Aug 16, 2022 - News

The "Western Wall" of Raleigh

A busy intersection in Raleigh.
The intersection of Western Boulevard and Avent Ferry Drive. Photo: Zachery Eanes/Axios.

Six lanes of traffic and cars whipping at speeds sometimes in excess of 50 miles per hour.

Western Boulevard can feel like an impenetrable wall to pedestrians trying to cross the major thoroughfare by foot or by bike.

Why it matters: Its high speeds and many lanes present major obstacles for two of Raleigh's most important and fastest-growing developments: N.C. State's Centennial Campus and the ambitious Dorothea Dix Park.

What's happening: Leaders from N.C. State and the city have proposed multiple pedestrian bridges and tunnels above and below the road.

What they're saying: Randy Woodson, the chancellor of N.C. State University, recently told Axios that a pedestrian bridge over Western Boulevard would be the first feature he would add to the school's campus if he could.

  • Centennial Campus is not just home to N.C. State's growing engineering school, but dozens of tech businesses. The school is also planning a large expansion of the campus, which could add even more density to the area.
  • "It's one of our biggest challenges," Woodson said. "We've got 10,000 to 15,000 students every day trying to get between Centennial Campus and Main Campus."
Map of where Western Boulevard runs along the northern border of Dix Park
Western Boulevard runs along the northern border of Dix Park. Photo courtesy of Dix Park Conservancy

Janet Cowell, the CEO of the Dix Park Conservancy, told Axios that pedestrian access is critical for Dix Park, pitched as the city's grand central park, to reach its potential.

  • "It's a massive issue, because you’ve got downtown here," Cowell said pointing to a map of the area, "and you've got Western Boulevard" separating Dix Park from all of the people that live and work there.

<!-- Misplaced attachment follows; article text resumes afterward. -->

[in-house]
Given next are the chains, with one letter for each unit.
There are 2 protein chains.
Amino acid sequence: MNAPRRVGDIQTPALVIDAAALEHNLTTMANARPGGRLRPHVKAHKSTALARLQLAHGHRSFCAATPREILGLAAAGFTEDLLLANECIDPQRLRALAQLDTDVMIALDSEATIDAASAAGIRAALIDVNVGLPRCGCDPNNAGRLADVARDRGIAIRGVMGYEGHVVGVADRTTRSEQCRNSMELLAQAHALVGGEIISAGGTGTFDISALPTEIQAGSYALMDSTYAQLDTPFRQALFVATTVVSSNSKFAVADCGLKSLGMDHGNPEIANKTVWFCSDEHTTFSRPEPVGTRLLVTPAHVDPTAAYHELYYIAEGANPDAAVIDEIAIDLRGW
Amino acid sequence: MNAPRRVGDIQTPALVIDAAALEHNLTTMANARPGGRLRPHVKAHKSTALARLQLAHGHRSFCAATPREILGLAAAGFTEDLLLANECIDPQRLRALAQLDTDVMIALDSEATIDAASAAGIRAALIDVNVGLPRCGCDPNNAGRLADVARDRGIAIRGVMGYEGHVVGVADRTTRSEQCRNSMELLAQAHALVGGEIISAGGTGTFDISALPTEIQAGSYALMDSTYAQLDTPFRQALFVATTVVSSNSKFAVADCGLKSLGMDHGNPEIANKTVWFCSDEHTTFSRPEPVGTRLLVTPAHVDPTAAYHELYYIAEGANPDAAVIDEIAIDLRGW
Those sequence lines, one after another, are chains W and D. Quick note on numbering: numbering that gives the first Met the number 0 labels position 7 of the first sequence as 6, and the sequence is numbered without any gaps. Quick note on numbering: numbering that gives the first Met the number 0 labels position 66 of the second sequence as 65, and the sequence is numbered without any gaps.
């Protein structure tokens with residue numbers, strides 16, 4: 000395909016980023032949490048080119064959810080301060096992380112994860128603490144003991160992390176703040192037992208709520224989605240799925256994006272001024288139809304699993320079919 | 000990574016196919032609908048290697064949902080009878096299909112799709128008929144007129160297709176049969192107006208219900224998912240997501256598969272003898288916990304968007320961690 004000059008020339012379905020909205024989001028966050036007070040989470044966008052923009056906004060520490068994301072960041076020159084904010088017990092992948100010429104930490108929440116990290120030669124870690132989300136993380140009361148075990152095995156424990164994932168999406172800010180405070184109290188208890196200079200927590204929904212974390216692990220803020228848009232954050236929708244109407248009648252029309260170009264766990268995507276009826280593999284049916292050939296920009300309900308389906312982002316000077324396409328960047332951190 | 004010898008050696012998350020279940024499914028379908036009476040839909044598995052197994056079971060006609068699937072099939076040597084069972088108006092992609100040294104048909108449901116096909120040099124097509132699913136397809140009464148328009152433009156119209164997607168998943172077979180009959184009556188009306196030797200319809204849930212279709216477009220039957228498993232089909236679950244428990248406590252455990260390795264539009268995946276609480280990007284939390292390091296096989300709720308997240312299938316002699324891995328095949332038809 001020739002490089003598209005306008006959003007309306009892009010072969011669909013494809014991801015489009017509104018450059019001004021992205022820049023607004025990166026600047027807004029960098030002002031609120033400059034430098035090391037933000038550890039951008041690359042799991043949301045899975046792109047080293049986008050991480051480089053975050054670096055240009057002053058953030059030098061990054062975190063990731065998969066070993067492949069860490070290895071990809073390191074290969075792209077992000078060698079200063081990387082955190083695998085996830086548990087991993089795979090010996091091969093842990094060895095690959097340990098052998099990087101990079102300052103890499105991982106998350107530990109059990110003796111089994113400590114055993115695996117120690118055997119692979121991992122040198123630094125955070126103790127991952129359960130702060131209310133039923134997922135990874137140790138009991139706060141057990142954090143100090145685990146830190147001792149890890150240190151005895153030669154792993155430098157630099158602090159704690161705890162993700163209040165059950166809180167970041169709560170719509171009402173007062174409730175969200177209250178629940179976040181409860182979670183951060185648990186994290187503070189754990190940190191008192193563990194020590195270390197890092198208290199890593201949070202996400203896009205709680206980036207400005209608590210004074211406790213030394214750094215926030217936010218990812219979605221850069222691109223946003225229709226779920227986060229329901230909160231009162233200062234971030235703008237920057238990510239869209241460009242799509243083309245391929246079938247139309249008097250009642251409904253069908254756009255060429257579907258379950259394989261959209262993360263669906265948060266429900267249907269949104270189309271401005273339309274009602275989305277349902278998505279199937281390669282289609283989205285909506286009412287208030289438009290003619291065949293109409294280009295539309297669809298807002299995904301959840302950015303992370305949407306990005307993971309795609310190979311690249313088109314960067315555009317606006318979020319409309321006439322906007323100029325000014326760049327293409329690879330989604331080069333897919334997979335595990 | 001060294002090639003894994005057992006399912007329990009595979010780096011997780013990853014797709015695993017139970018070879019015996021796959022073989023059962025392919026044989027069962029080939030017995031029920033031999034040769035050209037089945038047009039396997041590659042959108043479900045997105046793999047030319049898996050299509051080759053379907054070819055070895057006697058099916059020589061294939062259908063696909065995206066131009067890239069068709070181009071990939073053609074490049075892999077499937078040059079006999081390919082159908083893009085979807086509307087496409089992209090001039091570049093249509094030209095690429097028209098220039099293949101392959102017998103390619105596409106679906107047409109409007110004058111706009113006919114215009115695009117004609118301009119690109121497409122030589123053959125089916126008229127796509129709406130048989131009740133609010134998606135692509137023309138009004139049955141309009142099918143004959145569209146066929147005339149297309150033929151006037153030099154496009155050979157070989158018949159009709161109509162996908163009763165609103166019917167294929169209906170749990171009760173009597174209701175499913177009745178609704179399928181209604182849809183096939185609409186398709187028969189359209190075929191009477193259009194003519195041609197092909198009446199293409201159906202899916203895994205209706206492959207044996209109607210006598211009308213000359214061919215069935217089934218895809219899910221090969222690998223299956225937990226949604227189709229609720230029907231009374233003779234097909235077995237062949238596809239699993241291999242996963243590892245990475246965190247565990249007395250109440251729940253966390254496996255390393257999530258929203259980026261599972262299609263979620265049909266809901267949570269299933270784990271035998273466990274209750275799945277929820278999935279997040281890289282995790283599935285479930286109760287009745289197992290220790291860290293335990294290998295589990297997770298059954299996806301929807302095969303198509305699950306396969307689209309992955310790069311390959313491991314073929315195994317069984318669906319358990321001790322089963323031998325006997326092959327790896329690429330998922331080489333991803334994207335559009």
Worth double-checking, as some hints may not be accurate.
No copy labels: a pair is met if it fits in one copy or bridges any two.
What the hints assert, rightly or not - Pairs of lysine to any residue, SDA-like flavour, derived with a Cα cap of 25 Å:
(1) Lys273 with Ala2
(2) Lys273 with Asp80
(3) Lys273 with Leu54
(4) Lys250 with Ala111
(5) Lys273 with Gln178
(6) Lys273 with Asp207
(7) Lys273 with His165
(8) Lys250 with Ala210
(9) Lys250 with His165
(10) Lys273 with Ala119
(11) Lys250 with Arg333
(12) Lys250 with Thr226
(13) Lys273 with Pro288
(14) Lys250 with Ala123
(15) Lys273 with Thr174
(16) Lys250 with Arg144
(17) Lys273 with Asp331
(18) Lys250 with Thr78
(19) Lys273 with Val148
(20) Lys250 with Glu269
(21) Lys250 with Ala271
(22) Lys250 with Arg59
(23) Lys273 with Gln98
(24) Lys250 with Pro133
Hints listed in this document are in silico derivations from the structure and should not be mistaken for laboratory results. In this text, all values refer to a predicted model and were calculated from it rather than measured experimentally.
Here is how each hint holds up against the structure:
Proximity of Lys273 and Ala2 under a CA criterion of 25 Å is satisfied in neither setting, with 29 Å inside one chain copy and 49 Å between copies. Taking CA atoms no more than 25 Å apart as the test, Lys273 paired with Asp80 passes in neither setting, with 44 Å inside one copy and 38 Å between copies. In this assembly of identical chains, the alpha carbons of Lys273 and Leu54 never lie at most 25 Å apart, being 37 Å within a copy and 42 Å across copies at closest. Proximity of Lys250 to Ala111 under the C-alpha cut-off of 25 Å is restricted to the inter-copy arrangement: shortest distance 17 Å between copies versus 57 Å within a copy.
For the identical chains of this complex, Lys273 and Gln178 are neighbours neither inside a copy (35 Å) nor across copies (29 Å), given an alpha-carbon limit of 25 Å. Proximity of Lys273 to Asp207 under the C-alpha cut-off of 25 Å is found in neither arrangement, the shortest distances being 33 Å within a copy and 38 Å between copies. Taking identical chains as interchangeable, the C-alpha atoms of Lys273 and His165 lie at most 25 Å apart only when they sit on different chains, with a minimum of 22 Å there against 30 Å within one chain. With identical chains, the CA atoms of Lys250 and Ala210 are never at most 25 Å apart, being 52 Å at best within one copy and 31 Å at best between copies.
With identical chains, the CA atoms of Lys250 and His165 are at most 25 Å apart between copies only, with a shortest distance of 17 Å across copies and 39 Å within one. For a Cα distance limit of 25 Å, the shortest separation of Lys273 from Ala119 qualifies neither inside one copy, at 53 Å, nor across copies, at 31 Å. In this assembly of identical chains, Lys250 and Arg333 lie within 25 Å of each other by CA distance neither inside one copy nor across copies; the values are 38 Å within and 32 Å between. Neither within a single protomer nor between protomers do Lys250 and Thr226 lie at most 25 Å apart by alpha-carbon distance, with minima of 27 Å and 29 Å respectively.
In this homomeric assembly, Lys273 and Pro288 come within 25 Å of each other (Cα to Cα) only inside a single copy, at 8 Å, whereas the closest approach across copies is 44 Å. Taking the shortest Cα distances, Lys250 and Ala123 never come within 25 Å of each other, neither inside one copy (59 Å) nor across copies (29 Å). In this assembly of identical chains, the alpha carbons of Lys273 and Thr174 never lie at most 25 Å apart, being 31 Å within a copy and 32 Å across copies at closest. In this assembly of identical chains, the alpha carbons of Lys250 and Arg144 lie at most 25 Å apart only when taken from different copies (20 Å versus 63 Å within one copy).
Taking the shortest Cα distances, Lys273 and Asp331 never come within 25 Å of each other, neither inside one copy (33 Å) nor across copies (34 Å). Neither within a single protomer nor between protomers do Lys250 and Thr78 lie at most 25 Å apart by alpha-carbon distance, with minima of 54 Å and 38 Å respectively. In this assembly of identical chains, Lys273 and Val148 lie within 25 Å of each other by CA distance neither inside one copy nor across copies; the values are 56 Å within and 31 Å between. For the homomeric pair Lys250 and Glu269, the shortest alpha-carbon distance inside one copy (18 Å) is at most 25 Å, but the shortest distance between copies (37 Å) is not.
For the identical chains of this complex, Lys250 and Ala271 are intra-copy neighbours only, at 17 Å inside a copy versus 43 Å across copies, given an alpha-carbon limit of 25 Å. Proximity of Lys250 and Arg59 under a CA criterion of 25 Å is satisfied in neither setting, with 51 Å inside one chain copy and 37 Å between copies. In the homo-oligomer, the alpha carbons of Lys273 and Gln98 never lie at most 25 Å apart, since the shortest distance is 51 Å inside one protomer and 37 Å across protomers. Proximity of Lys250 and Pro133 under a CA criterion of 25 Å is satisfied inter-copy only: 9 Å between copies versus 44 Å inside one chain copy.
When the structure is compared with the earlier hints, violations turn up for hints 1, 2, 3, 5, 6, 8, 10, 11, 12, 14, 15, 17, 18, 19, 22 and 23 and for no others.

Yes, but: Making it happen is tricky, given how many stakeholders are involved. The road is managed by the state's Department of Transportation — and other projects, like Bus Rapid Transit, could delay any efforts at building new pedestrian crossings.

What's next: Construction on a bicycle and pedestrian tunnel immediately west of Avent Ferry Road and Western Boulevard is set to begin in 2025, said Marty Homan, a spokesperson for NCDOT.

  • But that project could get delayed by the city's planned Bus Rapid Transit project, which would add bus lanes to four corners of the city, including Western Boulevard.

Meanwhile, the Dix Park connections are much more theoretical. NCDOT is aware of a proposed plan for a pedestrian bridge over Western Boulevard to connect Dix and Pullen Park, Homan said, but so far it's only at the level of schematic renderings.

  • "There's been a lot of infrastructure money flowing, but you have to get people to put it in the pipeline," Cowell said. "Or you need a really deep private sector — but even if it was private sector [funding], you've got to get all the right aways to crossover."

The bottom line: Several important stakeholders want better pedestrian access across Western Boulevard. But a solution could take years to come to fruition.

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